Aging in Single-celled Organisms: from Bacteria to the Whole Tree of Life/UliSteiner
Notes by user Uli Steiner (University of Southern Denmark) for Aging in Single-celled Organisms: from Bacteria to the Whole Tree of Life
1+ paragraphs on any combination of the following:
- Presentation highlights
- Open questions that came up
- How your perspective changed
- Impact on your own work
- e.g. the discussion on [A] that we are having reminds me of [B] conference/[C] initiative/[D] funding call-for-proposal/[E] research group
The discrepancies what aging entails seems to be related to the difference of fields and questions tackled. To me as an evolutionary biologist aging is simply the process of senescence, where senescence is the deterioration of function, or more precisely the change of function with age. This change does not need to be a directional decline. Function should be somewhat related to fitness, which explains that survival and reproduction are first targets to quantify aging, though all functional traits could be and should be considered for understanding senescence. However if fitness is the parameter that integrates the processes, it is evident that a cell within a multi-cellular organism has a different definition of fitness than a whole organism in itself, be it unicellular or multi-cellular.
The generalities as described by Chris are highly interesting and inspirational. I gained much inspiration on how senescence is unified across cells of different level of biological organization, but where, how, and why these universal patterns fall apart is something I would love to deepen discussing.
The differences in heterogeneity and homeostasis among cells that has been shown by Sri, where I was really puzzled how similar cells are and how such similarity could be maintained, and Bree's system where the heterogeneity is large, though spatially still well structured.
What are the most prominent markers that we should focus on? How can we measure these?
Reference material notes
- Here is [A] database on [B] that I pull data from to do [C] analysis that might be of interest to this group (insert link).
- Here is a free tool for calculating [ABC] (insert link)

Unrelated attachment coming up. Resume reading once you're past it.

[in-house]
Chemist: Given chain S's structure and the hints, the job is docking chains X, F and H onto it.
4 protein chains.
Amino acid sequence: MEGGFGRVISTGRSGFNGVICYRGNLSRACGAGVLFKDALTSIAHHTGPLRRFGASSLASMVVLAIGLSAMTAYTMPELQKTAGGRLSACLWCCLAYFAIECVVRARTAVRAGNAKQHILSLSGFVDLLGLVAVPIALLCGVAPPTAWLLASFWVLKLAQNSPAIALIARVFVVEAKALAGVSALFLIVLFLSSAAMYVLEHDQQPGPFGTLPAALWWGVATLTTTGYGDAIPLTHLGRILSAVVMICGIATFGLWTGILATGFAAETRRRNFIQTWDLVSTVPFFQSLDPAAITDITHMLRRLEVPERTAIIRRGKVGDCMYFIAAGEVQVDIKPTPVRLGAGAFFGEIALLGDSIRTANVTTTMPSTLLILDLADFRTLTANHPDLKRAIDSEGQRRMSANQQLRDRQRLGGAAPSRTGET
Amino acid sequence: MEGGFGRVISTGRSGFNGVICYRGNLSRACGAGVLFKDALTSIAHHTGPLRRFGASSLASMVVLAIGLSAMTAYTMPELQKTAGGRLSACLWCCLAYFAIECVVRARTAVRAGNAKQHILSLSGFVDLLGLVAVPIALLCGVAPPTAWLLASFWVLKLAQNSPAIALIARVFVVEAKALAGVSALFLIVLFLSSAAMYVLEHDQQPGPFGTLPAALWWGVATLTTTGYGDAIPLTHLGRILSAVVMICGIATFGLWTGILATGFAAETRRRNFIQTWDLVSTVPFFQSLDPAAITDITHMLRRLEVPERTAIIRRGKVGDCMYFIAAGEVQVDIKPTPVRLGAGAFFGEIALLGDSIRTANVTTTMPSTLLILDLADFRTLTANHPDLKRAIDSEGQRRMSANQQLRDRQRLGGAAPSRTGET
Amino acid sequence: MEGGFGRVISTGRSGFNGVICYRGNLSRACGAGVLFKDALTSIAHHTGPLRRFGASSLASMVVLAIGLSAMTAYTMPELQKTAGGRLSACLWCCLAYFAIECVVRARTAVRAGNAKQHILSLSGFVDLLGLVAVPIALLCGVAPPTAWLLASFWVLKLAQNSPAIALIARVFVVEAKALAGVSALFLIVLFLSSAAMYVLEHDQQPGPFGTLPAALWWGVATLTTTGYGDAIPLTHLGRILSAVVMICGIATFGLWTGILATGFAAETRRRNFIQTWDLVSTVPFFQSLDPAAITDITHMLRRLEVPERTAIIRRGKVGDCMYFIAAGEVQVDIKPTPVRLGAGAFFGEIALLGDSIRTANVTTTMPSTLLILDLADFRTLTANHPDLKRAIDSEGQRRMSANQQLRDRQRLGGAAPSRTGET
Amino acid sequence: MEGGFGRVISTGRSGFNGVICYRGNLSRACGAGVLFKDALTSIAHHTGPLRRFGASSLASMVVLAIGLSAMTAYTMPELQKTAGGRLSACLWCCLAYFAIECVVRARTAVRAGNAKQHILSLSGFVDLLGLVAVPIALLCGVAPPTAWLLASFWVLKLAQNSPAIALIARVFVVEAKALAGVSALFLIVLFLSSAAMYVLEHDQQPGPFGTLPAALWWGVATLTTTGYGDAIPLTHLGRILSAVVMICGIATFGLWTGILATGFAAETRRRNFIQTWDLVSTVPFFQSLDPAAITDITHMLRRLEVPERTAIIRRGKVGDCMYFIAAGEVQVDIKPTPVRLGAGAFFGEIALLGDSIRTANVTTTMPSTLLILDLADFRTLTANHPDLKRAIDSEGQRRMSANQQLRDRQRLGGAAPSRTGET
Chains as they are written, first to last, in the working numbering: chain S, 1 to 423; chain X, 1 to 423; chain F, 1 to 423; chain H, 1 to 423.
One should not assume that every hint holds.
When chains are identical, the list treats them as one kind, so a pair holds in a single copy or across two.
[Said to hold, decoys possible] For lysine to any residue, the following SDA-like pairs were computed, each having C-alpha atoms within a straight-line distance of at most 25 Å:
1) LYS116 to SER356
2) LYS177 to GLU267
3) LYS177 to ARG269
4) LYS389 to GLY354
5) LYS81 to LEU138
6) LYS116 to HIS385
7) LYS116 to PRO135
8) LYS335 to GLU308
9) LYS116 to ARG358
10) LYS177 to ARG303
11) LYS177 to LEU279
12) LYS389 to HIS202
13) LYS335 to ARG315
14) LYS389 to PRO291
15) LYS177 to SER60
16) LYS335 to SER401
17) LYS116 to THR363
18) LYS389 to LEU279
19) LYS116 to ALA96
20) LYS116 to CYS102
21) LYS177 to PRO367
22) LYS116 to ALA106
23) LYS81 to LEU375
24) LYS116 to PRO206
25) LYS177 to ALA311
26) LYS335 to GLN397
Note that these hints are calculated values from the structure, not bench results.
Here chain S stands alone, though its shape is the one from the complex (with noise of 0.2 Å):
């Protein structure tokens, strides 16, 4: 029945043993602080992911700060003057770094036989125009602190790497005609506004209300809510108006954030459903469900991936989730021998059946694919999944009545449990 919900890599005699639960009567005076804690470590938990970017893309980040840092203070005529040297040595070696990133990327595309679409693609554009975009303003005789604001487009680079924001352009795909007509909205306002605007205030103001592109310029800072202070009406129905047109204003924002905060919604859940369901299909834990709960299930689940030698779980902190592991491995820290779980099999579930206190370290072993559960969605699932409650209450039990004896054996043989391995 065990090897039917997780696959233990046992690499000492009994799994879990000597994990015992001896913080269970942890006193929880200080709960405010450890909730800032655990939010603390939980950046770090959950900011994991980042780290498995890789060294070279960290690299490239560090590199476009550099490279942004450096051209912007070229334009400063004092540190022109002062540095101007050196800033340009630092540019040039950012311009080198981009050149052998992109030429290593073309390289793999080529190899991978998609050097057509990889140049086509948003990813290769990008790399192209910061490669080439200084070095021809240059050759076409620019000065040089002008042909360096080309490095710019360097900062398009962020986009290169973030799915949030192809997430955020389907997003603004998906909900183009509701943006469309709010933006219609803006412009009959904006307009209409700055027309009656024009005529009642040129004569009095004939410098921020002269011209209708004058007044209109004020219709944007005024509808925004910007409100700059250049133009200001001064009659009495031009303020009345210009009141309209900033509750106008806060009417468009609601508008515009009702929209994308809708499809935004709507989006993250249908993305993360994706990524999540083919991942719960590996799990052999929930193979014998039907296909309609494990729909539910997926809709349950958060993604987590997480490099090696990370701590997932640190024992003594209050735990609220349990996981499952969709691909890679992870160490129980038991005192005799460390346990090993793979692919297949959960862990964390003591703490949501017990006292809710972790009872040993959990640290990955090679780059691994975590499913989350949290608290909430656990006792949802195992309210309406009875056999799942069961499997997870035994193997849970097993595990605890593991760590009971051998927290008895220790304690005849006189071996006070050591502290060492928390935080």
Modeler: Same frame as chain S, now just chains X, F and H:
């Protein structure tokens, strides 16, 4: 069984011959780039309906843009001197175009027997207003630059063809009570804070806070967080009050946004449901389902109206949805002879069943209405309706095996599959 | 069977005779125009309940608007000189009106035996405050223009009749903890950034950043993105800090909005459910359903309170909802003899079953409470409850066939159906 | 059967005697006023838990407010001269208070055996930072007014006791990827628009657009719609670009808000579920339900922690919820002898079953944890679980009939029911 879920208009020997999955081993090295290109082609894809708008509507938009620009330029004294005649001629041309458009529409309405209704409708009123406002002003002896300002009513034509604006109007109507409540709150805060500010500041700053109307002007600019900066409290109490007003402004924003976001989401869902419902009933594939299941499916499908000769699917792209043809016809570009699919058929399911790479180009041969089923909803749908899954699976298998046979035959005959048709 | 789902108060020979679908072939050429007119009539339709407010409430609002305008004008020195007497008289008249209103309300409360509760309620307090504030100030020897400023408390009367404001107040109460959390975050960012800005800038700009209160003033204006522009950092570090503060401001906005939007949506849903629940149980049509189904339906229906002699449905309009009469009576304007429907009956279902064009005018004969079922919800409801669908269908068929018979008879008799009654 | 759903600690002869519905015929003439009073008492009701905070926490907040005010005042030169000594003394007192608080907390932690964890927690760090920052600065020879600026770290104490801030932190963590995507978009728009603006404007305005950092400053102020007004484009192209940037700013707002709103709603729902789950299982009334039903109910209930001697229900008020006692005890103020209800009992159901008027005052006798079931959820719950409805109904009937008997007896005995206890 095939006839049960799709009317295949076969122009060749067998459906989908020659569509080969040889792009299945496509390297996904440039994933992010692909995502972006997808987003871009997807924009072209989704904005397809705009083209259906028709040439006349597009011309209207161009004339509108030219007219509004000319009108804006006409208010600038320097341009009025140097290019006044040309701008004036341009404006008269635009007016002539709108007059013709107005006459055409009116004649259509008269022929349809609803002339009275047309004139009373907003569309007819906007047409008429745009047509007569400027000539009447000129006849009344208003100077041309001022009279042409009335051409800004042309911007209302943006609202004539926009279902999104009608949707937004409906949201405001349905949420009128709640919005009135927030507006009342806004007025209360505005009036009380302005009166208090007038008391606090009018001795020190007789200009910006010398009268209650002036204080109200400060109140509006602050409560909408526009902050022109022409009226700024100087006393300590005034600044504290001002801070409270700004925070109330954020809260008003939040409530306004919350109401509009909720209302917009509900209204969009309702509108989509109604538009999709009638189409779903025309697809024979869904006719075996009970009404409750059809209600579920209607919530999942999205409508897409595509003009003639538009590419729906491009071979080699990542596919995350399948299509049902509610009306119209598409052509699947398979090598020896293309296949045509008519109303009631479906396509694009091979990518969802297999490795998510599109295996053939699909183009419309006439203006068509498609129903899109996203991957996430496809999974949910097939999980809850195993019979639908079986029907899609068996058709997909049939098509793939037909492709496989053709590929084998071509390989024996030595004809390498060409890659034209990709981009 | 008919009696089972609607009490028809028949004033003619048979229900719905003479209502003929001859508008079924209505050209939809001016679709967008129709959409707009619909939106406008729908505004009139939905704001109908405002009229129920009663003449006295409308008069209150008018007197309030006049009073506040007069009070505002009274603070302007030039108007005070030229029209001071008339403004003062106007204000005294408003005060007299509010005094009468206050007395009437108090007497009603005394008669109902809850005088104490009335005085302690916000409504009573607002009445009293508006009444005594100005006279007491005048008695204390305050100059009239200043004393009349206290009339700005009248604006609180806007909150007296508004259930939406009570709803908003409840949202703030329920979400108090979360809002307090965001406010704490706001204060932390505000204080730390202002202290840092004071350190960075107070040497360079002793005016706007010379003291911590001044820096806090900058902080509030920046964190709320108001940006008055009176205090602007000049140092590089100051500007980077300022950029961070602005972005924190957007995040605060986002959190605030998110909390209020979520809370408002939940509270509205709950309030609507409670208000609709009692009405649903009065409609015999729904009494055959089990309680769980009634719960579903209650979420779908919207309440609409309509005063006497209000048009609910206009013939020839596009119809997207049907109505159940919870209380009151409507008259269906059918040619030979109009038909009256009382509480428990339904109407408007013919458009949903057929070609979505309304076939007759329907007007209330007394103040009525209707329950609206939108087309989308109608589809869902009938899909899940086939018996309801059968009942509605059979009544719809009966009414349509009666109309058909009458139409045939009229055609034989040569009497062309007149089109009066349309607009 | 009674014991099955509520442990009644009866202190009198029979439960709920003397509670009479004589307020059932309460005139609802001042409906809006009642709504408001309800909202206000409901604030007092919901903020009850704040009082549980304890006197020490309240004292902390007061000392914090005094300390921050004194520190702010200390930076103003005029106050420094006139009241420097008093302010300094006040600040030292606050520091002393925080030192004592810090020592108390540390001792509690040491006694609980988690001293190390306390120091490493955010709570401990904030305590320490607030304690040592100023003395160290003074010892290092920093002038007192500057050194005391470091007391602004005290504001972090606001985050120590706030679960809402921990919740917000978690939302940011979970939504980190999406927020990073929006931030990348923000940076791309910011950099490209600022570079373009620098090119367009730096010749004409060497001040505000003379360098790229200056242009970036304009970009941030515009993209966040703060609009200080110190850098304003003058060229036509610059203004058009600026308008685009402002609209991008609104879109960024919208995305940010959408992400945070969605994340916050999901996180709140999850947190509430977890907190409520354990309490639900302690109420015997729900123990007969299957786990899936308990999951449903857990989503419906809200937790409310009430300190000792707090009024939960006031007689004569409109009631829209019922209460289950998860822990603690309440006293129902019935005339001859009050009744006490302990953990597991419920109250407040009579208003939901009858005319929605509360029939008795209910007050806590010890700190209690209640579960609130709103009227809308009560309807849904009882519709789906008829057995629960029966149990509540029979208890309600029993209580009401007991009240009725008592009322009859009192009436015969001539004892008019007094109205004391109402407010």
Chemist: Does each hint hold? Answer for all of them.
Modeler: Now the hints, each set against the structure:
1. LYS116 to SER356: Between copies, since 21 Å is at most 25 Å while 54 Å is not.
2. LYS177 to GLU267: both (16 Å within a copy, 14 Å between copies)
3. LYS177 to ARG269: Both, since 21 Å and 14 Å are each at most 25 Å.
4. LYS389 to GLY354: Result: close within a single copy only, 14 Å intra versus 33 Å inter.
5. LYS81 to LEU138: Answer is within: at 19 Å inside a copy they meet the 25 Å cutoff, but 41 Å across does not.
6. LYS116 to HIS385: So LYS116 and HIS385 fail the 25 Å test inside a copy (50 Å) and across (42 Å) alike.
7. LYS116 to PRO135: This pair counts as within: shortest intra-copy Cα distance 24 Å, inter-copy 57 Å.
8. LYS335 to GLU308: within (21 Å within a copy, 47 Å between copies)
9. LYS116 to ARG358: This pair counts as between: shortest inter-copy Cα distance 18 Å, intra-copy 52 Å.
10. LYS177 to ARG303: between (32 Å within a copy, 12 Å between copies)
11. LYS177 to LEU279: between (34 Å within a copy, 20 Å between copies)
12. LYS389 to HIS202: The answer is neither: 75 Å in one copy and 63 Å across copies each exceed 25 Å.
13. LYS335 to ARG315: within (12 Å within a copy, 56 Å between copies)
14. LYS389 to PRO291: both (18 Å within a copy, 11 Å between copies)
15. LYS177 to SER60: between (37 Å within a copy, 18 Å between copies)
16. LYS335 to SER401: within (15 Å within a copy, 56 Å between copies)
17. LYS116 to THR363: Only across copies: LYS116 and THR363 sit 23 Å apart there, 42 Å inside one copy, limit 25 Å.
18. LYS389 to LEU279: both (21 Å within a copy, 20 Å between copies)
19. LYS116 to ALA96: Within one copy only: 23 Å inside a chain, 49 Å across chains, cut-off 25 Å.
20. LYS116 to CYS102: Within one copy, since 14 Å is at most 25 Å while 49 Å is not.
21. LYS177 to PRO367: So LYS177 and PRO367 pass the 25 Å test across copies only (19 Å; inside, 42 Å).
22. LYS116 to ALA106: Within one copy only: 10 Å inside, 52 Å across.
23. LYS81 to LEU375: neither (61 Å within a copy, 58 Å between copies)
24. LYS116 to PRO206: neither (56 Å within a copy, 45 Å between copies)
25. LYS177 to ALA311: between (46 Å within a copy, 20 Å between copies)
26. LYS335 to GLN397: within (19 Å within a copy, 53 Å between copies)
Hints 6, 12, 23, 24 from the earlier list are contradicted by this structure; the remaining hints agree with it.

- This painting/sculpture/forms of artwork is emblematic to our discussion on [X]!
- Schwartz et al. 2017 offers a review on [ABC] migration as relate to climatic factors (add the reference as well).
Here are some references that explain how mortality plateaus arise.
Steinsaltz and Evans shows how mortality plateaus arise through convergence to a quasi-stationary distribution.
Steinsaltz, D., and S. N. Evans. 2004. Markov mortality models: implications of quasistationarity and varying initial distributions. Theor. Popul. Biol. 65:319–337.
Weitz and Fraser illustrate how such mortality plateaus arise from damage accumulation and purging of damage at the population level through a random walk with drift model.
Weitz, J., and H. Fraser. 2001. Explaining mortality rate plateaus. Proc. Natl. Acad. Sci. USA 98:15383–15386.
Mathematical similarities among Gamma Gompertz models and damage accumulation models (LeBras type models). We used this mathematical similarity in our Evolution paper for parameter estimation of the model.
Yashin, A. I., J. W. Vaupel, and I. A. Iachine. 1994. A duality in aging: the equivalence of mortality models based on radically different concepts. Mech. Ageing Dev. 74:1–14.
The Evolution paper that has most of the data that I presented including data on growth, division rates, cell elongation, size at division etc.
Ulrich K Steiner, Adam Lenart, Ming Ni, Peipei Chen, Xiaohu Song, François Taddei, James W Vaupel, Ariel B Lindner. 2019.Two stochastic processes shape diverse senescence patterns in a single‐cell organismhttps://doi.org/10.1111/evo.13708
Here an asymmetric division model that has been inspired by the early e. coli aging work:
Evans, S. N., and D. Steinsaltz. 2007. Damage segregation at fissioning may increase growth rates: a superprocessmodel. Theor. Popul.Biol. 71:473–490
Quantifying mutation in singe e. coli cells by the mismatch repair system.
Lydia Robert, Jean Ollion, Jerome Robert, Xiaohu Song, Ivan Matic, Marina Elez. Mutation dynamics and fitness effects followed in single cells.
Vol. 359, Issue 6381, pp. 1283-1286